eh, employ different construction techniques?! That is the lamest excuse for demolishing a building I have ever heard. You should be ashamed of yourselves Darling Associates. Must. Try. Harder.
#17 Posted by Ollieman on 6 Jul 2015 at 12:42 PM
Must save this building from demolition!!!
Phil Stirling
#18 Posted by Phil Stirling on 6 Jul 2015 at 13:02 PM
Why can't they use the existing B listed building and convert it to student accommodation. Why bother listing buildings if they always find an excuse to knock them down. Unfortunately as we all know, the Council couldn't give a flying f**k
#19 Posted by wee_davy on 6 Jul 2015 at 13:36 PM
'Captain' Darling Associates seem to be the usual London mob designing for the regions. pity they've likely never been to Glasgow and understood why their destruction of this building is an issue for the locals.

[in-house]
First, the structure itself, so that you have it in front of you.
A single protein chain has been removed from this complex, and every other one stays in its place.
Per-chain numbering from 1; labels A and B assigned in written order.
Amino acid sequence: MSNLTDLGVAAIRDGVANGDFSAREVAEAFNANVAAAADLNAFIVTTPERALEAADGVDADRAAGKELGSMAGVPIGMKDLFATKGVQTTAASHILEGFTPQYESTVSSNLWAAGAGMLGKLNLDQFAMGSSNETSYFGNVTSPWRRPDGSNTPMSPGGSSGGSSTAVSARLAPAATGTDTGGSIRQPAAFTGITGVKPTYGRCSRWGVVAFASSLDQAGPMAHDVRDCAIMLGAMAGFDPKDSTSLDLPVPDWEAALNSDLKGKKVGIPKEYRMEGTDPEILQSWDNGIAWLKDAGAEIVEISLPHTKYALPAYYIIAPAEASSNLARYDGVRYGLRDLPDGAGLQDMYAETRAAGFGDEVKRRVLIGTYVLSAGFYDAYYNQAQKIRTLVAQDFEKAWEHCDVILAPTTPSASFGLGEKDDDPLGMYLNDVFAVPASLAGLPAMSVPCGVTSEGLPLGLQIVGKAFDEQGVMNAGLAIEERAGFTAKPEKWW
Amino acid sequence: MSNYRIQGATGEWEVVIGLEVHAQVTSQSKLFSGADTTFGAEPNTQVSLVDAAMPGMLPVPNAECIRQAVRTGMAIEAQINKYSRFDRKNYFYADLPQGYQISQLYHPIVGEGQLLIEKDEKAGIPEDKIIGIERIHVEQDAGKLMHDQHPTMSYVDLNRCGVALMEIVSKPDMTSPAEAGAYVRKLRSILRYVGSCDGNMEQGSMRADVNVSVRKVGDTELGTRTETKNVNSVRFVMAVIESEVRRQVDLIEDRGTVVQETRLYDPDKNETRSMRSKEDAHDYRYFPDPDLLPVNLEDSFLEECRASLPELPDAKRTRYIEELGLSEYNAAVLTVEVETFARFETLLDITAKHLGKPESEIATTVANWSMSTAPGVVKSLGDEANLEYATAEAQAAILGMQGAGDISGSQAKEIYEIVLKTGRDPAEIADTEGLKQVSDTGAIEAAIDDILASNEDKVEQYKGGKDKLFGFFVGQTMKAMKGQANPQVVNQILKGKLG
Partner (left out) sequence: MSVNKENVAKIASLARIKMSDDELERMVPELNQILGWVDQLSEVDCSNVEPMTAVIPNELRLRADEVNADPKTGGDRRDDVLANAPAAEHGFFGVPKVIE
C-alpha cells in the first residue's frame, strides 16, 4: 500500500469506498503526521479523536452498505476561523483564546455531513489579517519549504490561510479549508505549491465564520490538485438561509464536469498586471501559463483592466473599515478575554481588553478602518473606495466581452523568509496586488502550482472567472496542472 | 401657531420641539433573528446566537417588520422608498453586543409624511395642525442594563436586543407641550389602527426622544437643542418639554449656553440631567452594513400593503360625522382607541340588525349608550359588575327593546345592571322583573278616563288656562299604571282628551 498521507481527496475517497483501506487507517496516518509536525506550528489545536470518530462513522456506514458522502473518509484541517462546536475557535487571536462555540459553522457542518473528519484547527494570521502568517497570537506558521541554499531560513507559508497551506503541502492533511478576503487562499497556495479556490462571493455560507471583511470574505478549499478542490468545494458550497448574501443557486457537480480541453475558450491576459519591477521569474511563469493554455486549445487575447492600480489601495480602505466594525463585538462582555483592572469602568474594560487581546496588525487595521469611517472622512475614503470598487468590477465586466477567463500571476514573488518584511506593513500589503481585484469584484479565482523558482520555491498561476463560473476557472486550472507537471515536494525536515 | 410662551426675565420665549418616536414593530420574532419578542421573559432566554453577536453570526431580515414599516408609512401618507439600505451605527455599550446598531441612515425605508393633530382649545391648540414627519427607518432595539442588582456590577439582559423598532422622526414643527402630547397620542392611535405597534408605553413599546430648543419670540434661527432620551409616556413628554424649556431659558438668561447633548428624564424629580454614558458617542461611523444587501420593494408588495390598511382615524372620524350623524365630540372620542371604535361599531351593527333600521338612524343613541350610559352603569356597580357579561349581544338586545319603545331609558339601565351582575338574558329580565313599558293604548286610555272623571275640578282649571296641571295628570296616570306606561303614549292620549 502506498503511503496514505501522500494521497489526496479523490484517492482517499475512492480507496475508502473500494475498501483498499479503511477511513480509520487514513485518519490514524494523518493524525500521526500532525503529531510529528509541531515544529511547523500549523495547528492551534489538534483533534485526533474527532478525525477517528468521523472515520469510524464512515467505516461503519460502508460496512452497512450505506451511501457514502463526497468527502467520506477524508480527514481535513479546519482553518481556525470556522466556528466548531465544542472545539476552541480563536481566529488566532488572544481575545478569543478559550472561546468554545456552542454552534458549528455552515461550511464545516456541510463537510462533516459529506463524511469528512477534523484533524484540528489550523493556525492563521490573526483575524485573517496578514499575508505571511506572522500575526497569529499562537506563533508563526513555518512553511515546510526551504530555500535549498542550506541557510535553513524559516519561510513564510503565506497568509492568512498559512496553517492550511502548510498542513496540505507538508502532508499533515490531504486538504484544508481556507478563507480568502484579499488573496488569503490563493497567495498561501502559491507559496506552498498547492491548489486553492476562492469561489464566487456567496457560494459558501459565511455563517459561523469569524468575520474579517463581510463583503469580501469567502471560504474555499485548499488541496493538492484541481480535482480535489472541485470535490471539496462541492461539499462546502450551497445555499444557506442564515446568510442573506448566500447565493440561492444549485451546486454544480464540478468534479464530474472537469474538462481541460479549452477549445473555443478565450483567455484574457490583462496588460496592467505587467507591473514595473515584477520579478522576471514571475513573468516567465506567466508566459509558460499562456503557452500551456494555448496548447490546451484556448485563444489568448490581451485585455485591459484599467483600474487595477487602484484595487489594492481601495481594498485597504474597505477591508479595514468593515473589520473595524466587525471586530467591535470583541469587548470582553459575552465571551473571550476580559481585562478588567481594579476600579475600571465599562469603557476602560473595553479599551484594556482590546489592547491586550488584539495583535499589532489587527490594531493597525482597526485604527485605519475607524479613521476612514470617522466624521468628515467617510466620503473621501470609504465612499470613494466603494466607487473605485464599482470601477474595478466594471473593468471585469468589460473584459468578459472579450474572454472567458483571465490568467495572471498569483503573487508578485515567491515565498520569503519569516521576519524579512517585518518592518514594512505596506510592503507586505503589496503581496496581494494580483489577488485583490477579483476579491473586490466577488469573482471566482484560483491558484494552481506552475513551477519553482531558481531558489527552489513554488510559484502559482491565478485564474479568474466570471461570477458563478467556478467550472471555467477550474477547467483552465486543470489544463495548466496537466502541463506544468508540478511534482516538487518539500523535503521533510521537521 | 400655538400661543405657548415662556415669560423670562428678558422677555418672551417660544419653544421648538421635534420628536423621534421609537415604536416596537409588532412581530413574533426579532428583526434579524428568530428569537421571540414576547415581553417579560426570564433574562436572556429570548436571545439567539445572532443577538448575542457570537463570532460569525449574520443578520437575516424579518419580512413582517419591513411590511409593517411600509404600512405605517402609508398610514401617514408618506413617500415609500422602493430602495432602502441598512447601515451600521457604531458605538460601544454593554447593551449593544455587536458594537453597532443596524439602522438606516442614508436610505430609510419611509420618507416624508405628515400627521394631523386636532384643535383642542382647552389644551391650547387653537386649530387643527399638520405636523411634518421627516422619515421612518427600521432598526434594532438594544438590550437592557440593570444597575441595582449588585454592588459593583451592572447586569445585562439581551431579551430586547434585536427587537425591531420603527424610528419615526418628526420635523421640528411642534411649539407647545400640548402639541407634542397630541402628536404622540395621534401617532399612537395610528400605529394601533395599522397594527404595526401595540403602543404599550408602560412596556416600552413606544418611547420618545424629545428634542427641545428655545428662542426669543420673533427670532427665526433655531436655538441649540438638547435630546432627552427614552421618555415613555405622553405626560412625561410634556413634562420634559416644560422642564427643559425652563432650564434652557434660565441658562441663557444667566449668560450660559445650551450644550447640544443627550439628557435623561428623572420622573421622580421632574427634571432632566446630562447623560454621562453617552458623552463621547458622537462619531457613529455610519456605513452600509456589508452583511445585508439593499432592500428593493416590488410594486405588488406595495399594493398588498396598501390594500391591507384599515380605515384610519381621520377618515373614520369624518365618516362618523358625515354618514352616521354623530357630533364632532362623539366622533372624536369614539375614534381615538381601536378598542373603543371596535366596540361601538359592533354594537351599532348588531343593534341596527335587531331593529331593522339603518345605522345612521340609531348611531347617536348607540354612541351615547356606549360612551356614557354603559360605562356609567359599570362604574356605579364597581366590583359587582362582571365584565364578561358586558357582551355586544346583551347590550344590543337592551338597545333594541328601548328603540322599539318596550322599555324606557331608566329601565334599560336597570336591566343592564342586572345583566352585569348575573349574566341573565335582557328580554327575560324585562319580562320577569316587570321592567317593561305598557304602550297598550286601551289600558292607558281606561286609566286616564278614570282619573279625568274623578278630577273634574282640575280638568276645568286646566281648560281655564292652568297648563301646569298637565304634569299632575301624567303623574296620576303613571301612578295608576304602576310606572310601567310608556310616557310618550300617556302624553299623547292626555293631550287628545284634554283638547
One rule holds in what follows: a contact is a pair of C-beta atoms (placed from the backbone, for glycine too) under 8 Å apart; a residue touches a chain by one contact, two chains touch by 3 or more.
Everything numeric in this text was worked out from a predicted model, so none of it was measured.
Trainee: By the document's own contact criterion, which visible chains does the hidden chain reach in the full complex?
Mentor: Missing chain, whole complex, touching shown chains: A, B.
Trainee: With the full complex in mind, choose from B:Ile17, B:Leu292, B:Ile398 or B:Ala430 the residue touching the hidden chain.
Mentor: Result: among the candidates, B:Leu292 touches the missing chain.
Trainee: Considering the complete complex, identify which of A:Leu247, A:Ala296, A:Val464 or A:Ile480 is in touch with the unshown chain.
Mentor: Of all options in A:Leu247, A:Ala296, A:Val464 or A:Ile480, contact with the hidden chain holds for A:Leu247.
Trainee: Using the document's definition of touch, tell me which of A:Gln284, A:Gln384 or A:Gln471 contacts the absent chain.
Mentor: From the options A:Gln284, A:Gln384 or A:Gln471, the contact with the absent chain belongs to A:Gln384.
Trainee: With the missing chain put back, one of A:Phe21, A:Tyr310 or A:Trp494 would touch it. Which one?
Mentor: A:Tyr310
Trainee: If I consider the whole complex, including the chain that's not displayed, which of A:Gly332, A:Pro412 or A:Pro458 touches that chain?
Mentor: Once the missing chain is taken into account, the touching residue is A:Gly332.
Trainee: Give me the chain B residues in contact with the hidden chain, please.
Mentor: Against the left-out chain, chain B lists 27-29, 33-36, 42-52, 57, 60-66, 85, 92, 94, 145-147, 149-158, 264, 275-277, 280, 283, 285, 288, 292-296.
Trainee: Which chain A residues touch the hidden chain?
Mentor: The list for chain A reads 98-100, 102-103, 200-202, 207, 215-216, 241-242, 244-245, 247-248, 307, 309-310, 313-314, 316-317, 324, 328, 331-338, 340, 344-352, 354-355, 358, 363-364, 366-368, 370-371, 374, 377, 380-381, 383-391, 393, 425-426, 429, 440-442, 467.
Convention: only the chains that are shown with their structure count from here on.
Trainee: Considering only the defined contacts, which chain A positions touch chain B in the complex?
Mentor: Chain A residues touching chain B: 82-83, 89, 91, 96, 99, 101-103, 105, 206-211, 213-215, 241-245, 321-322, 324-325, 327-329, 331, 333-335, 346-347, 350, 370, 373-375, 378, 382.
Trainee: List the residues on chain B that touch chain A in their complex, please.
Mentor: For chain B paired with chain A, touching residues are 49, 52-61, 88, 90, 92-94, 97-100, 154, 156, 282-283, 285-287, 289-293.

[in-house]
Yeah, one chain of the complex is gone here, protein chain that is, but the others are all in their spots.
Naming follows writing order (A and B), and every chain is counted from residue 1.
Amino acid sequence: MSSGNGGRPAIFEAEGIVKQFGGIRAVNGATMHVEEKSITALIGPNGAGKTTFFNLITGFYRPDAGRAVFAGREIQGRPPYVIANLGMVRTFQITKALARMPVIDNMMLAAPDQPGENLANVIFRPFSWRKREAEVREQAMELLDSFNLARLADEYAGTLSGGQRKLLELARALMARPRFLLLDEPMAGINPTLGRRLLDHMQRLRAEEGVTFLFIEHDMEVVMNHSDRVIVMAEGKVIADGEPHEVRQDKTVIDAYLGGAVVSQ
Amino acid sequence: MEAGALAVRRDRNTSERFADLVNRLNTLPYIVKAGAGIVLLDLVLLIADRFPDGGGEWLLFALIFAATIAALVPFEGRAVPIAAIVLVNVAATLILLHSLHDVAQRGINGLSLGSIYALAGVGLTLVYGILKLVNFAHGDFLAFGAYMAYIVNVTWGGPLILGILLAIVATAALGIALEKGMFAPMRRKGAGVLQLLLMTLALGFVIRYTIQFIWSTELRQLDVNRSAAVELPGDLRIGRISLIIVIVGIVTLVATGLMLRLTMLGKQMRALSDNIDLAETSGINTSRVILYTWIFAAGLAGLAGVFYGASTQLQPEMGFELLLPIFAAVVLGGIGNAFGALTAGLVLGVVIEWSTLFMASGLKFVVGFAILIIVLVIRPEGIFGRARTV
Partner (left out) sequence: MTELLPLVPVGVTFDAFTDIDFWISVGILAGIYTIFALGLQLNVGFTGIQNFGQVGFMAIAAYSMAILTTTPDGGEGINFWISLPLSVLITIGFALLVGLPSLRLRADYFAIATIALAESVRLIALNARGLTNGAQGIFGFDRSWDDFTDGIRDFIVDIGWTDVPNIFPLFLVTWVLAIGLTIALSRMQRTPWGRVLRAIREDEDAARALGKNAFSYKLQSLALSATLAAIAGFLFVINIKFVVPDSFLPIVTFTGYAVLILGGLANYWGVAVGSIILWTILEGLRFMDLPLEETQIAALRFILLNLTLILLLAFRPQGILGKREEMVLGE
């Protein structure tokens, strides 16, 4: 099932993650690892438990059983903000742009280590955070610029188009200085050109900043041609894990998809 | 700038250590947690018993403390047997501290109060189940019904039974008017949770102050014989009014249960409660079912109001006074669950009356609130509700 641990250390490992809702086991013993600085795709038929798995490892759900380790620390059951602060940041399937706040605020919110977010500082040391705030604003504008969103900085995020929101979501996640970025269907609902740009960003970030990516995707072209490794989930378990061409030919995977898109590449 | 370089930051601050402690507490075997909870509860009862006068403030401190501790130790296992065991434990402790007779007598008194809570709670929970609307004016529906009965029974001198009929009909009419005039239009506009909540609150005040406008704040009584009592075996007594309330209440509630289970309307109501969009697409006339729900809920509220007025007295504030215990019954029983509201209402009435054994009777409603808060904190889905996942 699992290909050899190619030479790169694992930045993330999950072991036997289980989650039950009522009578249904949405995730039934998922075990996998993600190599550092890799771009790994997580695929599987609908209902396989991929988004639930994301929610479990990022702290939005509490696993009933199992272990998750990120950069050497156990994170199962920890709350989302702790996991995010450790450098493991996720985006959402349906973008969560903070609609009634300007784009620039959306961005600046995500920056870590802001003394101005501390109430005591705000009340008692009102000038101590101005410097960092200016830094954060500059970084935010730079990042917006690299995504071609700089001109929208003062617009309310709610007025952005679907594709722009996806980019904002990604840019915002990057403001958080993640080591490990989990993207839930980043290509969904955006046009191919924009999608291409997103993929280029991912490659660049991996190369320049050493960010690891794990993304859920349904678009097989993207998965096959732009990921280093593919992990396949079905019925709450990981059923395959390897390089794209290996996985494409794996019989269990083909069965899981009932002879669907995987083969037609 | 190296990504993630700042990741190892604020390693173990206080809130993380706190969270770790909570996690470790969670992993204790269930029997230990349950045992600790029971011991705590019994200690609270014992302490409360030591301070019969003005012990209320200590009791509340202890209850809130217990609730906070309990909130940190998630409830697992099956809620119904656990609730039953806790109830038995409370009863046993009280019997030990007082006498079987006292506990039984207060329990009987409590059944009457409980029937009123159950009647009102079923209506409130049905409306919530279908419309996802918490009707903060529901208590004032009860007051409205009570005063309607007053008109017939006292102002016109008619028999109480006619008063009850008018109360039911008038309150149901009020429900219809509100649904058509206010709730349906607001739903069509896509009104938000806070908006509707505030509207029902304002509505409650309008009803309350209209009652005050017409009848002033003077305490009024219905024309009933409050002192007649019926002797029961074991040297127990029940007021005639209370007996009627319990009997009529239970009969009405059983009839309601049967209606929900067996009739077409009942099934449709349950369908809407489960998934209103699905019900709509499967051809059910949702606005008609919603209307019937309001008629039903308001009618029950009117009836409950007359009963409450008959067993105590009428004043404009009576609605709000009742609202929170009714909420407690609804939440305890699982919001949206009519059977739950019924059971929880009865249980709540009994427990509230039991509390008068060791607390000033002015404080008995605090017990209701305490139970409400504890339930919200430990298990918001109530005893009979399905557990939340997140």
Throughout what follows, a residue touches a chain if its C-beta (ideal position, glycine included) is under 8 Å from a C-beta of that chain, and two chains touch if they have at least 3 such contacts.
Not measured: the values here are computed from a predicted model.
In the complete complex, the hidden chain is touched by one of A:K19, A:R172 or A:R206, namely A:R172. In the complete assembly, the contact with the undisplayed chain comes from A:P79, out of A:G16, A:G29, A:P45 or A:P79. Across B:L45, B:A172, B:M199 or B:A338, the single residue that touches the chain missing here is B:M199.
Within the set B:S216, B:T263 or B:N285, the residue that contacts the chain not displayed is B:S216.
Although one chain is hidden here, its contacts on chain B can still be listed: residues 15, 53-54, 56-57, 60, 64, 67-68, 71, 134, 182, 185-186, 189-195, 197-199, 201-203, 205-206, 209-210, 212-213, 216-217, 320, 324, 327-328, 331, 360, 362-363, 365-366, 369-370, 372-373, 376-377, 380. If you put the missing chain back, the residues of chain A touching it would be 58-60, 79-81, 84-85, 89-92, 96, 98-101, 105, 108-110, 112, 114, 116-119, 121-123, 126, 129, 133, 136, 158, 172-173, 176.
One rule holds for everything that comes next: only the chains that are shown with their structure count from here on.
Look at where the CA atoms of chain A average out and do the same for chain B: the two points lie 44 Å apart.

poor form chaps.
#20 Posted by qmd on 6 Jul 2015 at 13:43 PM
no point complaining here as GCC won't get the message.
Any idea where to express our concerns?
Tom Cochrane
#21 Posted by Tom Cochrane on 6 Jul 2015 at 19:17 PM
No. No. No.
A disgusting idea.
#22 Posted by stephen on 6 Jul 2015 at 20:35 PM
The architect's response to this is poor but, that aside, what were they to do? A professional and knowledgable developer asks them to design a building of a certain area on this site, because they know they can build a case. Turning the work away is no answer. They could only do their best at turd polishing.
In my opinion this site can only take 4-5 stories max. I can't say I've any love for the existing building; listed or otherwise. It's an anomaly, as will its successor be unless GCC have the balls to insist on a new building being lower and the inevitable subsequent appeal fail.
Object on GCC's site if you don't like it (link within article).
#23 Posted by wonky on 6 Jul 2015 at 21:46 PM
Stephen in all fairness you're talking gibberish. "It's an anomaly"- what does that even mean? You say the building is out of proportion for the street- but that is not the fault of the building but of the poor low-fi suburban design enforced on that stretch of Argyle Street.